The cost of the review unit, when configured with the same components on Feb 17, 2011 was $775 + taxes. At this price, it is smack in the middle between the ASRock Core 100 and ASRock Vision 3D, the other SFF HTPCs in this segment. In the next few sections, we will check out how the Zino 410 fares in our tests.

Unboxing Impressions Zino 410's Thermal Design
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  • silverblue - Saturday, February 19, 2011 - link

    ...would having two differently-sized SO-DIMMs have on system performance?

    I'd be tempted to take replace that 4GB module with a 2GB one just to see what happens. 6GB of RAM just doesn't compute. :)

    We seem to be getting a decent number of Dell-AMD systems lately... I only hope they take up Brazos with the same level of enthusiasm, because even if it did result in a small drop in performance, this review would've been largely the same in terms of gaming and video playback/quality, albeit with a much smaller footprint. Also, in that scenario, dual channel wouldn't matter as Fusion doesn't support it.
  • fabarati - Saturday, February 19, 2011 - link

    If AMD has anything like Intels asynchronous dual channel, the first 4 GB will perform like dual channel, whilst the remaining 2 GB will perform like single channel.
  • Taft12 - Saturday, February 19, 2011 - link

    Dual-channel memory was a scam from the beginning that has somehow survived to this day to make PC buyers think they needed to buy more memory than needed.

    Have you seen the benchmarks? ~1-2% benefit AT MOST for anything that's not a synthetic memory bandwidth test, regardless of platform.
  • fabarati - Saturday, February 19, 2011 - link

    Didn't it help back in the P4 and/or P-M days? And how did it do in early Athlon 64 days?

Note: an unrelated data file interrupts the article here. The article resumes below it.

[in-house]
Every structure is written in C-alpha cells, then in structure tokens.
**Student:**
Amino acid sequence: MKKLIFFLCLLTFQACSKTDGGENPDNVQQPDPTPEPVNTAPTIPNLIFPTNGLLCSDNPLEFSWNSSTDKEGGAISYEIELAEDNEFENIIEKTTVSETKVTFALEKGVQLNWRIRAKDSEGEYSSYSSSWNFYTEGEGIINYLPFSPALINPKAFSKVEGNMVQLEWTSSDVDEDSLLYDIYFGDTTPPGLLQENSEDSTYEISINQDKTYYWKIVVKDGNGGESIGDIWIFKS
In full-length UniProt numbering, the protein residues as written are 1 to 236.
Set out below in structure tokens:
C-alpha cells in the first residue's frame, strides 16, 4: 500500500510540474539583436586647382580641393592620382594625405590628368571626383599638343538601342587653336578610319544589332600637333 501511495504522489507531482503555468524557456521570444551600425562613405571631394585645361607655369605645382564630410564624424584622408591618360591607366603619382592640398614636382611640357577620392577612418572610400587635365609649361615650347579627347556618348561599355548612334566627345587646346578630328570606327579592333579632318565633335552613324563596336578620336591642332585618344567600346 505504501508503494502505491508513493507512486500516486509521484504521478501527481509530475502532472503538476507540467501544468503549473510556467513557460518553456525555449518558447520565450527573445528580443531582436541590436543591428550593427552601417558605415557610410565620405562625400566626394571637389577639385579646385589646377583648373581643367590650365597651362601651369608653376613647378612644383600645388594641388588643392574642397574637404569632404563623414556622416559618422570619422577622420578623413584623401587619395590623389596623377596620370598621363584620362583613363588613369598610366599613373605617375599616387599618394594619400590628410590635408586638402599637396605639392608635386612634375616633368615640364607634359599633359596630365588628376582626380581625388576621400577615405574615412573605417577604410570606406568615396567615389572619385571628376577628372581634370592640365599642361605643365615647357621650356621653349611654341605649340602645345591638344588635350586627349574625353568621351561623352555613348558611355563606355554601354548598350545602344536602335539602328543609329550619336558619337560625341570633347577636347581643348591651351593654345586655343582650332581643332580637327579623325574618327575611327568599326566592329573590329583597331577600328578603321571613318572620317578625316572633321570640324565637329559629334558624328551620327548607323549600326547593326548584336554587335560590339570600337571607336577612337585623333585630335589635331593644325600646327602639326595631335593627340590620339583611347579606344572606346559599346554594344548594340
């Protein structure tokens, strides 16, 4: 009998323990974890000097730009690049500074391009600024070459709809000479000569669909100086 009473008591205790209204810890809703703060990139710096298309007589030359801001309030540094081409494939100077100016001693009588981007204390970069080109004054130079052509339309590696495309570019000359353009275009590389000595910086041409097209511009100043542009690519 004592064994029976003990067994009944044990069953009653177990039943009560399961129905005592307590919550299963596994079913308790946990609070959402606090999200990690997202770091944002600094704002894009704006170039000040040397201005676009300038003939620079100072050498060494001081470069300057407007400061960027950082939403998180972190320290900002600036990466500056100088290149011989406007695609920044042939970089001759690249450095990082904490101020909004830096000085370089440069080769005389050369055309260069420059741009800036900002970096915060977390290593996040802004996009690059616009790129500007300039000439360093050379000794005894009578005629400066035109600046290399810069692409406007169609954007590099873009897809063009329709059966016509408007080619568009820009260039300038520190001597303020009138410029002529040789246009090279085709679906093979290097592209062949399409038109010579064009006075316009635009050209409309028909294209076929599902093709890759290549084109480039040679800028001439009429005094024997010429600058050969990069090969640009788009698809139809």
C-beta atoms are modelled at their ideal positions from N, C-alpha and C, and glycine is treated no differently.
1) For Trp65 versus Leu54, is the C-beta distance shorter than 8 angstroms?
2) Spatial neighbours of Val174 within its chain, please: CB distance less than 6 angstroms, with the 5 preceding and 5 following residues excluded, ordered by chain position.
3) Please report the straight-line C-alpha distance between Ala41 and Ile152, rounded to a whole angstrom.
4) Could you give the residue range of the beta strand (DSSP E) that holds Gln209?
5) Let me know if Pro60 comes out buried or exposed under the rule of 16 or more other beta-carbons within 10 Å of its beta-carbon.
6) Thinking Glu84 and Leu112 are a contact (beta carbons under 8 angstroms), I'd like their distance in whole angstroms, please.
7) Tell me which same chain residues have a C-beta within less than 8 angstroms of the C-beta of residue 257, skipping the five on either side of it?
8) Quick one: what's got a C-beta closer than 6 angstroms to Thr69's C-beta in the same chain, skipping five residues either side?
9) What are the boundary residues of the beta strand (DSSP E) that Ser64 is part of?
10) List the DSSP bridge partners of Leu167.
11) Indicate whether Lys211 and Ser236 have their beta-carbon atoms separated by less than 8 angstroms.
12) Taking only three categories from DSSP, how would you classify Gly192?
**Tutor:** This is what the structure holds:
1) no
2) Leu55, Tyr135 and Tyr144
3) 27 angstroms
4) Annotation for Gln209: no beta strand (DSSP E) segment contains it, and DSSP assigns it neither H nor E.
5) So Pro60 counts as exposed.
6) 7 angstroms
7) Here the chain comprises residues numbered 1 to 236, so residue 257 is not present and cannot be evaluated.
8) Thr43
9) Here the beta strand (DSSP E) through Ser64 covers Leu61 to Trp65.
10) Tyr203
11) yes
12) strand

But yeah, Core Duo and newer doesn't really benefit from Dual channel, one
  • silverblue - Saturday, February 19, 2011 - link

    Theoretically, dual channel would help APUs as they're bandwidth-limited.

    I suppose you're right about standard usage though, even raising memory clocks doesn't make for a sizeable performance advantage.
  • asmoma - Saturday, February 19, 2011 - link

    Starcraft 2 is not a synthetic memory test, and it does benefit from going from 2 to three channels, just read some performance reviews of Starcraft 2.
  • DanNeely - Saturday, February 19, 2011 - link

    The einstien@home applications benefitted from a 3rd channel on i7 quad cores; and the 2nd channel on C2 quads as well; high performance server farms/clusters/super computers are a significant segment of the market. On the i7-quad, E@H had a 66% speedup from the 2nd channel, and a 5% gain from the 3rd. Sandybridge gave a similar speedup from the 2nd channel. I can't find the thread with the C2Quad results, but IIRC they were a 10-25% speedup.

    I don't have benchmarks handy, but I suspect a heavily loaded DB server would also benefit from the extra memory bandwidth because the queries would result in a psudorandom memory access pattern that would limit the ability of the cache controller to prefetch most of the data being requested.
  • jeremyshaw - Friday, March 4, 2011 - link

    that actually had to do with uncore clocks, not memory channels.
  • vailr - Saturday, February 19, 2011 - link

    How would a Mac Mini compare?
    Could a Mac Mini be retrofitted with a Blu-Ray drive (since Blu-Ray is available factory installed) and then run as a Windows HTPC?
  • tipoo - Saturday, February 19, 2011 - link

    Why on earth would you buy a Mini to run as a Windows HTPC? You'd pay more for less performance.